In 1956, William Klein, who had recently published his now classic Life Is Good & Good for You in New York, arrived in Rome to assist Federico Fellini on his film Nights of Cabiria (1957). Since the start of filming was delayed, Klein instead strolled about the city with Fellini, Pier Paolo Pasolini, Alberto Moravia, and other avant-garde Italian writers and artists serving as his guides. It was on these walks that Rome, (Aperture, October 2009), a radical and brilliant visual diary of the city, was born. First published in 1959, Klein’s Rome features the quirky extended captions that distinguished his New York book, interspersed with observations about the city by Stendhal, Michelet, Mark Twain, Henry James, and others. To celebrate the fiftieth anniversary of Rome’s release, Aperture, in close collaboration with Contrasto, is pleased to publish a revised edition.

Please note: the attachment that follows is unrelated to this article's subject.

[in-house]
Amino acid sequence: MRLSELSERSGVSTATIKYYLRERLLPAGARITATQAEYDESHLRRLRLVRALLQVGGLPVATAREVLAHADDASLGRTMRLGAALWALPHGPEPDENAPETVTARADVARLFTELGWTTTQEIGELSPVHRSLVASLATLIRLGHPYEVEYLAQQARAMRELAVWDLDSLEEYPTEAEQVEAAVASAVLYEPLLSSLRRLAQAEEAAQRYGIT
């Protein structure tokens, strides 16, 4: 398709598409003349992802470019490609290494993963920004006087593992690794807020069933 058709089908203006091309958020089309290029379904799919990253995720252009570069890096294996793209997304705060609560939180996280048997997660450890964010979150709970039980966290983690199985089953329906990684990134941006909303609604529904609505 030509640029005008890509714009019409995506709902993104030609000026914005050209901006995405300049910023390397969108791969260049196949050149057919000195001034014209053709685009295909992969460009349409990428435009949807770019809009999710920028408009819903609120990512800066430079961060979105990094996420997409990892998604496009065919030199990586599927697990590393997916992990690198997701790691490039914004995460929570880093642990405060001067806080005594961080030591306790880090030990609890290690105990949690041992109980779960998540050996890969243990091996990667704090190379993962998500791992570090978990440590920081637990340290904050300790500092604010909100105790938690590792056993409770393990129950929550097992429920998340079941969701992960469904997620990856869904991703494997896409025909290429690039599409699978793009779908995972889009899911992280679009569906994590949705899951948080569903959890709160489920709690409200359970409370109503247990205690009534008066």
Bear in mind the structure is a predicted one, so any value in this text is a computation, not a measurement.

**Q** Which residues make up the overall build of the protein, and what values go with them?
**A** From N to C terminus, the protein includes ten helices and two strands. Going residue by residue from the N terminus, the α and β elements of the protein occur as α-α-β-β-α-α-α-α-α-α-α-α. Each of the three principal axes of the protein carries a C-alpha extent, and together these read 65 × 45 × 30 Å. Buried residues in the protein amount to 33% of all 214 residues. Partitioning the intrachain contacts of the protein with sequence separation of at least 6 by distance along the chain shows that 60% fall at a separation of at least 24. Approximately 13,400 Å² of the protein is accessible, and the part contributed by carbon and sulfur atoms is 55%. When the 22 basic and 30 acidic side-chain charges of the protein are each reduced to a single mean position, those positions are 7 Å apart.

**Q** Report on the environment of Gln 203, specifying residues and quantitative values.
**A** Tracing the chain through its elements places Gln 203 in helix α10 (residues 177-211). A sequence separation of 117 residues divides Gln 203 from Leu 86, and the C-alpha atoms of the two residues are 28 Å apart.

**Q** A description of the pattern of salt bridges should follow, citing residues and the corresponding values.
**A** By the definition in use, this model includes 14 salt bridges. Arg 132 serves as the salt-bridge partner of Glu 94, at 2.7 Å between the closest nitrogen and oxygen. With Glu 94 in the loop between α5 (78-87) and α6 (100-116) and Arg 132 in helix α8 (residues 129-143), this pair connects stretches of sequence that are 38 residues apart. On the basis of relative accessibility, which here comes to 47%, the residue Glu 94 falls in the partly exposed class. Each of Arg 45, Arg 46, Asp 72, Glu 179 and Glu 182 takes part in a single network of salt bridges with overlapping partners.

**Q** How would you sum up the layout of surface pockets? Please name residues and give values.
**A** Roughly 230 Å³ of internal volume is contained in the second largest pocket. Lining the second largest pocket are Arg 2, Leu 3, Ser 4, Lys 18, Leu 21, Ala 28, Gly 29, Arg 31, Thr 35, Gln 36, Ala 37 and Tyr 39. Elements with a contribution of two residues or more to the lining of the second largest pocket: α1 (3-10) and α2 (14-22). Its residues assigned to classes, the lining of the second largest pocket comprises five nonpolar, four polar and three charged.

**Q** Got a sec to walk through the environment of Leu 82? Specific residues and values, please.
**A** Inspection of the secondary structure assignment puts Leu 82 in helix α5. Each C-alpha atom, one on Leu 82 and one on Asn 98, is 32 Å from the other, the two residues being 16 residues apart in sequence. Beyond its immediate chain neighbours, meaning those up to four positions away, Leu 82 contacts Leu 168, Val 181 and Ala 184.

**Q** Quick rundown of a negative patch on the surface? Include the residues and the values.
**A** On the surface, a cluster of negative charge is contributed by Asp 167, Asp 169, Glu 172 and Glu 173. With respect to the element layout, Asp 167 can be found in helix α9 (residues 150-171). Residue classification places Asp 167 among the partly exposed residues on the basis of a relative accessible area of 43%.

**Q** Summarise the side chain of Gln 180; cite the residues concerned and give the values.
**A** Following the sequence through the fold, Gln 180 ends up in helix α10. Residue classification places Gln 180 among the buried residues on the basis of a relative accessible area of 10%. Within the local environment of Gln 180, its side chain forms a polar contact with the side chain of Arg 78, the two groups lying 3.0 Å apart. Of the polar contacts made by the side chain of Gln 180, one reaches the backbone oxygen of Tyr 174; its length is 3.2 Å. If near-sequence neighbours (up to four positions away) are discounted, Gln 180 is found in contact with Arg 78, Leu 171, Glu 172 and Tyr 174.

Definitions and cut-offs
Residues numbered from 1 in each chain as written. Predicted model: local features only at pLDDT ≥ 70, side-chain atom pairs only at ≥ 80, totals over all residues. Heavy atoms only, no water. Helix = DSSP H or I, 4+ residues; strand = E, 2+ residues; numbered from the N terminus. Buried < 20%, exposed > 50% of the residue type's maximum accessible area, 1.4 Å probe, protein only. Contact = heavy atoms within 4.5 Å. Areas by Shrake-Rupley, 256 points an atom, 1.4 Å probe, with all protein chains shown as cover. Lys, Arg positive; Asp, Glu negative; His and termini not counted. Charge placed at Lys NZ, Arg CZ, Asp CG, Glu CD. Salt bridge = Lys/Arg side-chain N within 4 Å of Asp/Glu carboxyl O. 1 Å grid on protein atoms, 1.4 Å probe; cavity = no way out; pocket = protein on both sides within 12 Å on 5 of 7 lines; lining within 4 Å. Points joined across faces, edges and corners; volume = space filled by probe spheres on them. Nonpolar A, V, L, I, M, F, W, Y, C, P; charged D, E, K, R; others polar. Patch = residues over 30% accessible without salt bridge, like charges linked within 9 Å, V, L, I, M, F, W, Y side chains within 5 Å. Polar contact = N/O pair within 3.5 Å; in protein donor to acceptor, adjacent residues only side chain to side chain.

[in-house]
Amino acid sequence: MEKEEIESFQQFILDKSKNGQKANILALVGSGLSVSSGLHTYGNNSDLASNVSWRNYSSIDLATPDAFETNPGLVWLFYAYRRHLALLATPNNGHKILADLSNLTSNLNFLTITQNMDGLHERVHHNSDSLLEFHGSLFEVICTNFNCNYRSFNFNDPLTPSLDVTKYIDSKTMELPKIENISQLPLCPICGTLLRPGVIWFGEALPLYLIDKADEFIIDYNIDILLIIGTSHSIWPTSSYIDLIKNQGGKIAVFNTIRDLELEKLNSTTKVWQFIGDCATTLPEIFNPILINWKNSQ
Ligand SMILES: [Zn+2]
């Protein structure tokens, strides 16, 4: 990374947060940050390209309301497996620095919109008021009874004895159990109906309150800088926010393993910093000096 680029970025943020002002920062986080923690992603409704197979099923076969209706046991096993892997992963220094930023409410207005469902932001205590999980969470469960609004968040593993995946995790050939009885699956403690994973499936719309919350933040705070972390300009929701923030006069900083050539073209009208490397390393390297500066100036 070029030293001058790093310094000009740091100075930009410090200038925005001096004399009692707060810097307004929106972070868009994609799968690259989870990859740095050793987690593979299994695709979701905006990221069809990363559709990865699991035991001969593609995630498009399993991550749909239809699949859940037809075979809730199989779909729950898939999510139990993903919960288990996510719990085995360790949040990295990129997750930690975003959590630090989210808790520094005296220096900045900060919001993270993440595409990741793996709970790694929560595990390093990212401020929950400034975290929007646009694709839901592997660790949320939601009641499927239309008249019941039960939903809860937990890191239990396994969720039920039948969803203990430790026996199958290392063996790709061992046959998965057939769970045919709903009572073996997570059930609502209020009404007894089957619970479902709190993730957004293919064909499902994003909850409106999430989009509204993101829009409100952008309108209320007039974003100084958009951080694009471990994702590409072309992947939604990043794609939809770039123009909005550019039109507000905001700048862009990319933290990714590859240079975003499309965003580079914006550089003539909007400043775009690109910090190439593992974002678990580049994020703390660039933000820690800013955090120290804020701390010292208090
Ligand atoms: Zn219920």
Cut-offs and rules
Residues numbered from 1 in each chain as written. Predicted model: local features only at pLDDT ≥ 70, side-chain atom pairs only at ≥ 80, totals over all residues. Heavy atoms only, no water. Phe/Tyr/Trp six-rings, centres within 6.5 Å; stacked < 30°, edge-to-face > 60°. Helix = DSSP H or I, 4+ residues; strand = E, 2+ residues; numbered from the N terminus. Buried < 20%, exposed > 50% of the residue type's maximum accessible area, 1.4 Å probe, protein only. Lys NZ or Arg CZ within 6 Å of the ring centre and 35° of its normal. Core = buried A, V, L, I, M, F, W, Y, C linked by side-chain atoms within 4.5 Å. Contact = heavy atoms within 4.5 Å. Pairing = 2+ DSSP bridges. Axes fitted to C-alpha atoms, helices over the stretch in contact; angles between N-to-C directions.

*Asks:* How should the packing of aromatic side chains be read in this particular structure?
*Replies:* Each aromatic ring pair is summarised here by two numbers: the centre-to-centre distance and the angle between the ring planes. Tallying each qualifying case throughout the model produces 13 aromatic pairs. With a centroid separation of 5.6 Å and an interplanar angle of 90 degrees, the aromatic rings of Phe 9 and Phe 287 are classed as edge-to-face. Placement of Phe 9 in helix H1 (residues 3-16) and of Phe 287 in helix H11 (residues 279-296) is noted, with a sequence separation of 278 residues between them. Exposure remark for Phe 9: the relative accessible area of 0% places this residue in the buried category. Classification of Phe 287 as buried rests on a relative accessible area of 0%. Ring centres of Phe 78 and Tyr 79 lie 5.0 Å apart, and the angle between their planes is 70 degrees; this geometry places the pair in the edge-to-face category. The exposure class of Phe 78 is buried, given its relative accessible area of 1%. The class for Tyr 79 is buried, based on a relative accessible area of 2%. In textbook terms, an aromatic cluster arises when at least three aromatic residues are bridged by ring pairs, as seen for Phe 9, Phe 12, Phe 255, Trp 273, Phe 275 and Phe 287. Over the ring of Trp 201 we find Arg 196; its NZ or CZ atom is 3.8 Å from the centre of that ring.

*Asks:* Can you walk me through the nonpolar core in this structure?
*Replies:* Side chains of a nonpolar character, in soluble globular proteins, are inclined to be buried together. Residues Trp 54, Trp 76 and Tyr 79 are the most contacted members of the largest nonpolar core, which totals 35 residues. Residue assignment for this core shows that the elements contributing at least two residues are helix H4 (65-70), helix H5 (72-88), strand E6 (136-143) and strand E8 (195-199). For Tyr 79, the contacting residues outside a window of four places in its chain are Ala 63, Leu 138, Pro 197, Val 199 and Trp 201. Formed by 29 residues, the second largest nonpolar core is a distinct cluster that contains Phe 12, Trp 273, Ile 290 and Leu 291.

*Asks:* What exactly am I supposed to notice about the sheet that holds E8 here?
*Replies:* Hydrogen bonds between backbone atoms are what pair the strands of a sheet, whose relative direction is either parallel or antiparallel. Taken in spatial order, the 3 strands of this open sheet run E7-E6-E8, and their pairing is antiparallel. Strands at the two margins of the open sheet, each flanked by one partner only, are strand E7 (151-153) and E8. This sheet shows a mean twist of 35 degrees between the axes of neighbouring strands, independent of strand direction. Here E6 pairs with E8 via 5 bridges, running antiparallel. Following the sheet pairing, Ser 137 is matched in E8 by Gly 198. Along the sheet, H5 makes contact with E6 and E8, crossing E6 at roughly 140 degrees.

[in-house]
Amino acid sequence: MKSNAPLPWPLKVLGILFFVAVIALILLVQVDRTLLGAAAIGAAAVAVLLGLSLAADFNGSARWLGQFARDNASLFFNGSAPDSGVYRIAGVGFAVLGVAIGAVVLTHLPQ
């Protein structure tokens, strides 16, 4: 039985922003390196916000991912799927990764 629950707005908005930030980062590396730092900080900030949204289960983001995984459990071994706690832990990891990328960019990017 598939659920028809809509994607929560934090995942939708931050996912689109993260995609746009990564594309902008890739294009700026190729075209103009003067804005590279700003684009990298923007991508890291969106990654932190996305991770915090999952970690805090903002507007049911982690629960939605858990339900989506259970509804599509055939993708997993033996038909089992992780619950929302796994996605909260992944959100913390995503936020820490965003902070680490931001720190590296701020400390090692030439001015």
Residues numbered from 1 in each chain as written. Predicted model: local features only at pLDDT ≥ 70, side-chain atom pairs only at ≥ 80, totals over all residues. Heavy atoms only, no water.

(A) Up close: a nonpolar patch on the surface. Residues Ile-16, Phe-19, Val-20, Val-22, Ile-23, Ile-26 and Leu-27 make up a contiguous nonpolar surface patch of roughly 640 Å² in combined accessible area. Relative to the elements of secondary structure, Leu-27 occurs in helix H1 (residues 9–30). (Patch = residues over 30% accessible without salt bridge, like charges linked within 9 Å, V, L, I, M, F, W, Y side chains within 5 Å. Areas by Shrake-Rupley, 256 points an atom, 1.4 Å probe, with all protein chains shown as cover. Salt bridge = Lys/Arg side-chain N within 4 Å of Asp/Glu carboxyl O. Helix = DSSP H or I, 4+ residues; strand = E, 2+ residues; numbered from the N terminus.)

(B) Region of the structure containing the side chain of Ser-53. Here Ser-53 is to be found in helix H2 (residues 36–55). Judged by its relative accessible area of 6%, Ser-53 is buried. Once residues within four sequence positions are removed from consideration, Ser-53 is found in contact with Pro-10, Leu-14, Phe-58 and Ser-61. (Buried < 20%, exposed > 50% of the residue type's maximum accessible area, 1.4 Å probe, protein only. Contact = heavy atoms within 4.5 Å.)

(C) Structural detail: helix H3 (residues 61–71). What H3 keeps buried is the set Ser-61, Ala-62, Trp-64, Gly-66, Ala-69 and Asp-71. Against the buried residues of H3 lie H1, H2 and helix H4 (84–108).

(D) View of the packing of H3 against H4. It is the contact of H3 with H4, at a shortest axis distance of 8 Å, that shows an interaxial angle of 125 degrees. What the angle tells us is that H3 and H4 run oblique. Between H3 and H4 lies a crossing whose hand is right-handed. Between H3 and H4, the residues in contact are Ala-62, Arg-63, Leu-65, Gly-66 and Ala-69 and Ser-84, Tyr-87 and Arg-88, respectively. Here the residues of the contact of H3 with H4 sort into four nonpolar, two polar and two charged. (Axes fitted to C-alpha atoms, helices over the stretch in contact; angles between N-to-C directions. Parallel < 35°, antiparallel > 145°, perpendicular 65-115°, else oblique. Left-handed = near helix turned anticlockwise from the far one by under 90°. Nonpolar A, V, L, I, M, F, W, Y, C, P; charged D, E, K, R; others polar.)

This beautifully produced edition includes Klein’s never-before-seen fashion pictures made in Rome, along with new and updated text by the photographer. Now redesigned to encompass two volumes in a special slipcase, this new edition offers audiences another chance to celebrate this groundbreaking work. As Fellini said, “Rome is a movie, and Klein did it.”
Embodying the same lively and revolutionary design that made Klein’s 1956 book on New York so famous, Rome introduces another generation of photography lovers to Klein’s daring and experimental work that at the time of its first publication shocked the photographic establishment to it core.
After graduating from university, WILLIAM KLEIN (born in New York, 1928) settled in Paris and became a painter. He returned to New York in 1954, and made a photographic logbook that was published two years later, and won him worldwide acclaim: Life Is Good & Good for You in New York (Prix Nadar, 1956). Later, he produced books dedicated to Tokyo, Moscow, and Paris. Painter, photographer, moviemaker, and graphic designer, Klein eludes all labels and categories.